Following a lackluster employment report for June, long-term U.S. Treasury bond yields eased somewhat this week, allowing mortgage rates to fall to unseen depths.

The Freddie Mac survey showed 30-year, fixed-rate mortgages averaged 3.56% for the week ending Thursday, a record low from last week’s 3.62%. Last year at this time, the 30-year FRM averaged 4.51%.

The 15-year FRM, a popular refinancing choice, also set a new record, averaging 2.86%, down from last week‘s average of 2.89%. A year ago, the average rate for a 15-year FRM was 3.65%.

The average 30-year fixed has remained below 4% for 16 weeks. The average 15-year fixed has been below 3% for seven weeks.

Five-year, Treasury-indexed, hybrid adjustable-rate mortgages averaged 2.74%, also declining from 2.79% last week and falling from 3.29% a year earlier.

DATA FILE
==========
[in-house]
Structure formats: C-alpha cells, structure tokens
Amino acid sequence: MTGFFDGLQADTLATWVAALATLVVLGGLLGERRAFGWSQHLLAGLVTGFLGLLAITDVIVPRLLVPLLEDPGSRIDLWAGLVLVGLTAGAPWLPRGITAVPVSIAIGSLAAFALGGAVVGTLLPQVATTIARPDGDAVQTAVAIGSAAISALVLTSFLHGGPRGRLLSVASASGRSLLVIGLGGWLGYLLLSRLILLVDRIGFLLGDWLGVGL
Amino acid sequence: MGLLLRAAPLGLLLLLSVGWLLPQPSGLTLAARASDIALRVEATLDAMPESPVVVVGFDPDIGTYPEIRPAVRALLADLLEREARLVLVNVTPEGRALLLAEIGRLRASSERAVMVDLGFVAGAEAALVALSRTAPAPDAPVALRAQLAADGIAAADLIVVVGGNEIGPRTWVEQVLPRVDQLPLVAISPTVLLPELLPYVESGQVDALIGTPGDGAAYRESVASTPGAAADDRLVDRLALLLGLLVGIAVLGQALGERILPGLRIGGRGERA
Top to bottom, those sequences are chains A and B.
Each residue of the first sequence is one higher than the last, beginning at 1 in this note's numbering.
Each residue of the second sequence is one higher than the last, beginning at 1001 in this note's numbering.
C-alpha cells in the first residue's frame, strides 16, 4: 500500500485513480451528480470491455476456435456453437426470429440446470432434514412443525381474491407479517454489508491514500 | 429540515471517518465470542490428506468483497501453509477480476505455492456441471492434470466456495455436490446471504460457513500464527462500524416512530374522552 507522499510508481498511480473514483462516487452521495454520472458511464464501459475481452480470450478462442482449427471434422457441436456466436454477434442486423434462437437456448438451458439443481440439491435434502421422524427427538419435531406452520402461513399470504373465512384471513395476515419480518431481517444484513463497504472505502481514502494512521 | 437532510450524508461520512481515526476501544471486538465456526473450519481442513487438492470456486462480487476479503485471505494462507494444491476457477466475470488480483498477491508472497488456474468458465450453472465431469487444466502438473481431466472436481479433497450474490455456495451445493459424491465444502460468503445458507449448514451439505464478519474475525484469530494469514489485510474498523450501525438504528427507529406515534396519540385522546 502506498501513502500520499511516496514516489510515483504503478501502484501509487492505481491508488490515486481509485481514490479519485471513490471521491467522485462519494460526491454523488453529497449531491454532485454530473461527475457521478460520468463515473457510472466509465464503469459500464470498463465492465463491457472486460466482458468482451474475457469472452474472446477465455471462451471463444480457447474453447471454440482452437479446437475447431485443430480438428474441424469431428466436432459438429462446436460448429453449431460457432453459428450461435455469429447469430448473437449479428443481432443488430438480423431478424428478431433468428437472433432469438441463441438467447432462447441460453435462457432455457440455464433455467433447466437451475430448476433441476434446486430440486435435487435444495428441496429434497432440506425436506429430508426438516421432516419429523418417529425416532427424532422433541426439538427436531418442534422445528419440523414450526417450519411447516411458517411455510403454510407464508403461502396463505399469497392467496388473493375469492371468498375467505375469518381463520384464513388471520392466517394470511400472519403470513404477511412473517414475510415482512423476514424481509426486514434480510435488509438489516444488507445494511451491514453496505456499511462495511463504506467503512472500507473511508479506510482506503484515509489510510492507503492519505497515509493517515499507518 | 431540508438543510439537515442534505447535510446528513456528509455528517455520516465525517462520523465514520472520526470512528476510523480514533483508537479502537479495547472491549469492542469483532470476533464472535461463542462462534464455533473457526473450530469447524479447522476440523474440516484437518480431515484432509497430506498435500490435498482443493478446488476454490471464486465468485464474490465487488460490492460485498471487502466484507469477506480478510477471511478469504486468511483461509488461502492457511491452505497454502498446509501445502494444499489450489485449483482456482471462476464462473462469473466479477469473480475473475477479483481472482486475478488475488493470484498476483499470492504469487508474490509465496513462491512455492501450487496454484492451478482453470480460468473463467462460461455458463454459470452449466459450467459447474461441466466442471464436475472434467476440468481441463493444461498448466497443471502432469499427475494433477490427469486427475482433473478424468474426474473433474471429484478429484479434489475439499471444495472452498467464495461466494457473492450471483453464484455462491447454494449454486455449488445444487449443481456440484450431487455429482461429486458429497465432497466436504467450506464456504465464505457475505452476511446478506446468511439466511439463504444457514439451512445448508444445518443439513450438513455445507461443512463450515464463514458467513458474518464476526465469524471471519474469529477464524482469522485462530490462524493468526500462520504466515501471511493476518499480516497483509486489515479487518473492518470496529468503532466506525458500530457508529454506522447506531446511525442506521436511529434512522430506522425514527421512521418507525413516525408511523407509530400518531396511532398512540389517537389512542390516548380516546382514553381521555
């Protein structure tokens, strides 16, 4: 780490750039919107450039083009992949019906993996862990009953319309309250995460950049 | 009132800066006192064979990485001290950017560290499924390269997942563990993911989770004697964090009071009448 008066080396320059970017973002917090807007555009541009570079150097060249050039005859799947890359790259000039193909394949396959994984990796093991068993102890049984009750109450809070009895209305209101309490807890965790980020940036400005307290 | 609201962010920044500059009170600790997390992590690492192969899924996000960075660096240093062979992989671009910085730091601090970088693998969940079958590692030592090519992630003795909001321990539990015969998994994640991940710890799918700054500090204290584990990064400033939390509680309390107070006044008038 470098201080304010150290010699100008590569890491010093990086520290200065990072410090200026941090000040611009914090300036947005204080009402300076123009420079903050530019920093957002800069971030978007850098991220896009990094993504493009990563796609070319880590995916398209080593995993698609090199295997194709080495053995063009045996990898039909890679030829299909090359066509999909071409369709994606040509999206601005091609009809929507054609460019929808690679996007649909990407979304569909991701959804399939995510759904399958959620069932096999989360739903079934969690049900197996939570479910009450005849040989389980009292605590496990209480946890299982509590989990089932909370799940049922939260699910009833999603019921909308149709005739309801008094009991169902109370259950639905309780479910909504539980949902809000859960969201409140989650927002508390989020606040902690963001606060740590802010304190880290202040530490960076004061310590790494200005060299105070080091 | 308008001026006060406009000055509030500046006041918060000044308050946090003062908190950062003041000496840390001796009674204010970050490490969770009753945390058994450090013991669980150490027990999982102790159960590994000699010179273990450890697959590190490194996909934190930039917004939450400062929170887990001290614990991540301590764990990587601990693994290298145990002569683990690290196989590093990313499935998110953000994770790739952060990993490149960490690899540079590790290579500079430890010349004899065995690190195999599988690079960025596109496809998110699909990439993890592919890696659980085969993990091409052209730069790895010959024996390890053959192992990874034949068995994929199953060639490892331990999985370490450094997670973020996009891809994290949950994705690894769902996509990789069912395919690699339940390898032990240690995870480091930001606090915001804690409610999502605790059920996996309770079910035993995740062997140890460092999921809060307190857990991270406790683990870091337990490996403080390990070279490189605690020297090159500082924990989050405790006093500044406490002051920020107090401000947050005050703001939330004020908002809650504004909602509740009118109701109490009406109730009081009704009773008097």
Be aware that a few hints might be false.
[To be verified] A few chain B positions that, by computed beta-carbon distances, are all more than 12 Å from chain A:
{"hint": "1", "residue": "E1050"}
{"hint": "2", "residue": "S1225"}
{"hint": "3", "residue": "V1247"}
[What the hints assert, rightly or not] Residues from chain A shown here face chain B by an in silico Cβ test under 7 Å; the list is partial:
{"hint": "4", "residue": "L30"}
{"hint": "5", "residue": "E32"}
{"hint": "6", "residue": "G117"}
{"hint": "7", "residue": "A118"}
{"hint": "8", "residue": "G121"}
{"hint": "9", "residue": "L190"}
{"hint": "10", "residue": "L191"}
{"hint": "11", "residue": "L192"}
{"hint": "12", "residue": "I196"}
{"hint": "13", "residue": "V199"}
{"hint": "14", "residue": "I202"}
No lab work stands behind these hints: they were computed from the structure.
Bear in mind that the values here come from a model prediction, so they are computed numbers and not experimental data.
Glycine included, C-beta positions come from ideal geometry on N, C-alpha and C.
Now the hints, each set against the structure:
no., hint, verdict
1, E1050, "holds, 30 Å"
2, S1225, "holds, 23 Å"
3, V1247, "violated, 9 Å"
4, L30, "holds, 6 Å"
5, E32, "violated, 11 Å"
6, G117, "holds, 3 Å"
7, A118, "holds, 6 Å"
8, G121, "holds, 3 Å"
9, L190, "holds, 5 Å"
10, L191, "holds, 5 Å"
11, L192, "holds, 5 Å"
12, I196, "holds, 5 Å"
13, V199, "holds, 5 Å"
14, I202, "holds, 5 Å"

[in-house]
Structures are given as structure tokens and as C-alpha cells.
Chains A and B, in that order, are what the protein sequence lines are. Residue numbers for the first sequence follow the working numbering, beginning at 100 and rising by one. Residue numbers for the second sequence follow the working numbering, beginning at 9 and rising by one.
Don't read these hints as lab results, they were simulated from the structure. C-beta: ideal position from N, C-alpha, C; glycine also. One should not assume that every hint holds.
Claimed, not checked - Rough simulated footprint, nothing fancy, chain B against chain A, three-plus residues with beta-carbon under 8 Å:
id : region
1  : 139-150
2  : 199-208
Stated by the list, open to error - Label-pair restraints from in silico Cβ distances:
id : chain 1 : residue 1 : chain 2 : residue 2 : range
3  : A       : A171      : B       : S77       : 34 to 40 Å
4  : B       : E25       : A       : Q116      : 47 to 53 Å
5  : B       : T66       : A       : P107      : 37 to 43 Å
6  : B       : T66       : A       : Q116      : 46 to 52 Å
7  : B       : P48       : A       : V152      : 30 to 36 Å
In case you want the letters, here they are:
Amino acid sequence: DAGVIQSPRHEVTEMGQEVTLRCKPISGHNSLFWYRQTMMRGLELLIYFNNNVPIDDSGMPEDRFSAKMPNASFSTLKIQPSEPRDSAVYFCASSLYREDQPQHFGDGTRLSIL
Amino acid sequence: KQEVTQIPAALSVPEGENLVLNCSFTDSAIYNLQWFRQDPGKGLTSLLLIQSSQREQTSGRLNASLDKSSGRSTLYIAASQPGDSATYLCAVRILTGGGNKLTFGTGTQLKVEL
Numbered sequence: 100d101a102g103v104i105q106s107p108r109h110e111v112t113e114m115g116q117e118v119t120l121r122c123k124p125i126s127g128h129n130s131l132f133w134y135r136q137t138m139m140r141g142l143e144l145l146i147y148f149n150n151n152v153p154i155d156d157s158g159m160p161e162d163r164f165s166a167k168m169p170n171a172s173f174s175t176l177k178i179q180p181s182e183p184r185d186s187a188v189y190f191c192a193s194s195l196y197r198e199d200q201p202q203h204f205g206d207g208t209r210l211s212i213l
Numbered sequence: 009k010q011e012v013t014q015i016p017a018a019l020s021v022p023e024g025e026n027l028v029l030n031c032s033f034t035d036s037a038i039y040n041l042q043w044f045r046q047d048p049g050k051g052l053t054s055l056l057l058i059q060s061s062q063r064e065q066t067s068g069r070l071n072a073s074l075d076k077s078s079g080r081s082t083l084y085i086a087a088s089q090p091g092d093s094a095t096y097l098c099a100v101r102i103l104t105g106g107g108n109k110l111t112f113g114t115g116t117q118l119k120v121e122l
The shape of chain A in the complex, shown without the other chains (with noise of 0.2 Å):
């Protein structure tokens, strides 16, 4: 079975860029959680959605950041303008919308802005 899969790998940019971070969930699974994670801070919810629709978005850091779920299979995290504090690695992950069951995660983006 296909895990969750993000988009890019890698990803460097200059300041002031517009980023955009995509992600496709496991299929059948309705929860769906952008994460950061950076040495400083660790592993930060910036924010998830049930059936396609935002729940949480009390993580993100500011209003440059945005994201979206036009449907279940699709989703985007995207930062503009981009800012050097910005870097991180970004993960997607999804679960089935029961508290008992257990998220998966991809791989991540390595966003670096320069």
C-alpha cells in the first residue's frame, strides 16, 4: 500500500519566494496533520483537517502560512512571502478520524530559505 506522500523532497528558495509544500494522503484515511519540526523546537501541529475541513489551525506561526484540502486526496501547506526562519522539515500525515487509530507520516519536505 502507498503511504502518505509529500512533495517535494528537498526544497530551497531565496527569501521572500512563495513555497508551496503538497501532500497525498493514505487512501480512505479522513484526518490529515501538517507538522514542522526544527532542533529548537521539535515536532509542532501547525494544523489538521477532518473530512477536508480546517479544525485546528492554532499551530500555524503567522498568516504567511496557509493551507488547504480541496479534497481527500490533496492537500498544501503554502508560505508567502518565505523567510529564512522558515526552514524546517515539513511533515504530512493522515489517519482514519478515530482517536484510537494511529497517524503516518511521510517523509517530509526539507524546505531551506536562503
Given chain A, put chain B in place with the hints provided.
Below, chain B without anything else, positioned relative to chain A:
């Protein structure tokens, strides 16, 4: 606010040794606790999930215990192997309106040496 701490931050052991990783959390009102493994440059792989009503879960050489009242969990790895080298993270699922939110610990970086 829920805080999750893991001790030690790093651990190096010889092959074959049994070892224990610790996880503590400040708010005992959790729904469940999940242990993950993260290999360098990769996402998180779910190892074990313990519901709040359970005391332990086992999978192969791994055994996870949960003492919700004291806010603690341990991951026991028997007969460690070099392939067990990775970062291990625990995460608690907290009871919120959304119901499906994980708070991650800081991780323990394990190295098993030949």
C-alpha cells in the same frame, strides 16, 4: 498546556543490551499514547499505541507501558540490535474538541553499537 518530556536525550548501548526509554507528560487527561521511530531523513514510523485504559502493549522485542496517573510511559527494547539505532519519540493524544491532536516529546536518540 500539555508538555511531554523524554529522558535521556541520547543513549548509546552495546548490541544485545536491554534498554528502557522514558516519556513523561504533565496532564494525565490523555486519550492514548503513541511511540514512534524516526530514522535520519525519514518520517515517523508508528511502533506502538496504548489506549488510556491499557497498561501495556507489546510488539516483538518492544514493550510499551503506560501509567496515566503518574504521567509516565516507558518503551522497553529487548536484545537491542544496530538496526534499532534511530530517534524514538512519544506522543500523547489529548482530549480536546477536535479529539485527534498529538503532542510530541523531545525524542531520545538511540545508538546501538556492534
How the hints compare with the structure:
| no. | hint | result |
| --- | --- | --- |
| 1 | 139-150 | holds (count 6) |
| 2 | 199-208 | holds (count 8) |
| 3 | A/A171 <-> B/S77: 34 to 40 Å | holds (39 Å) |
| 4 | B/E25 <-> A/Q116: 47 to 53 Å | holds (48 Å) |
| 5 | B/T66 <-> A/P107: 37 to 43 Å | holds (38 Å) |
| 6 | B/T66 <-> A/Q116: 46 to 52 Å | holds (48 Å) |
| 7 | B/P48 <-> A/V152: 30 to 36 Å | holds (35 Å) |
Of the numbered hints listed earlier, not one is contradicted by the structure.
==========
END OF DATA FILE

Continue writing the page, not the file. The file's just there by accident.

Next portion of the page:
And one-year, Treasury-indexed ARMs averaged 2.69%, up from last week’s 2.68% and down from 2.95% last year.

Only 80,000 net new jobs were added to the economy last month, not enough to lower the unemployment rate from 8.2%, Freddie Mac Chief economist Frank Nothaft noted.

“This was the concern of the Federal Reserve’s monetary policy meeting,” Nothaft said. “Minutes released from that meeting on July 11 revealed that a few members felt further monetary stimulus was needed to promote satisfactory growth in employment to meet the committee’s goal.”

Home loan analytics firm Bankrate, which surveys large banks, reported the 30-year FRM fell to 3.79% from 3.87%, while the 15-year FRM dropped to 3.05% from 3.13%. The 5/1 ARM ticked down to 2.95% from 2.96%.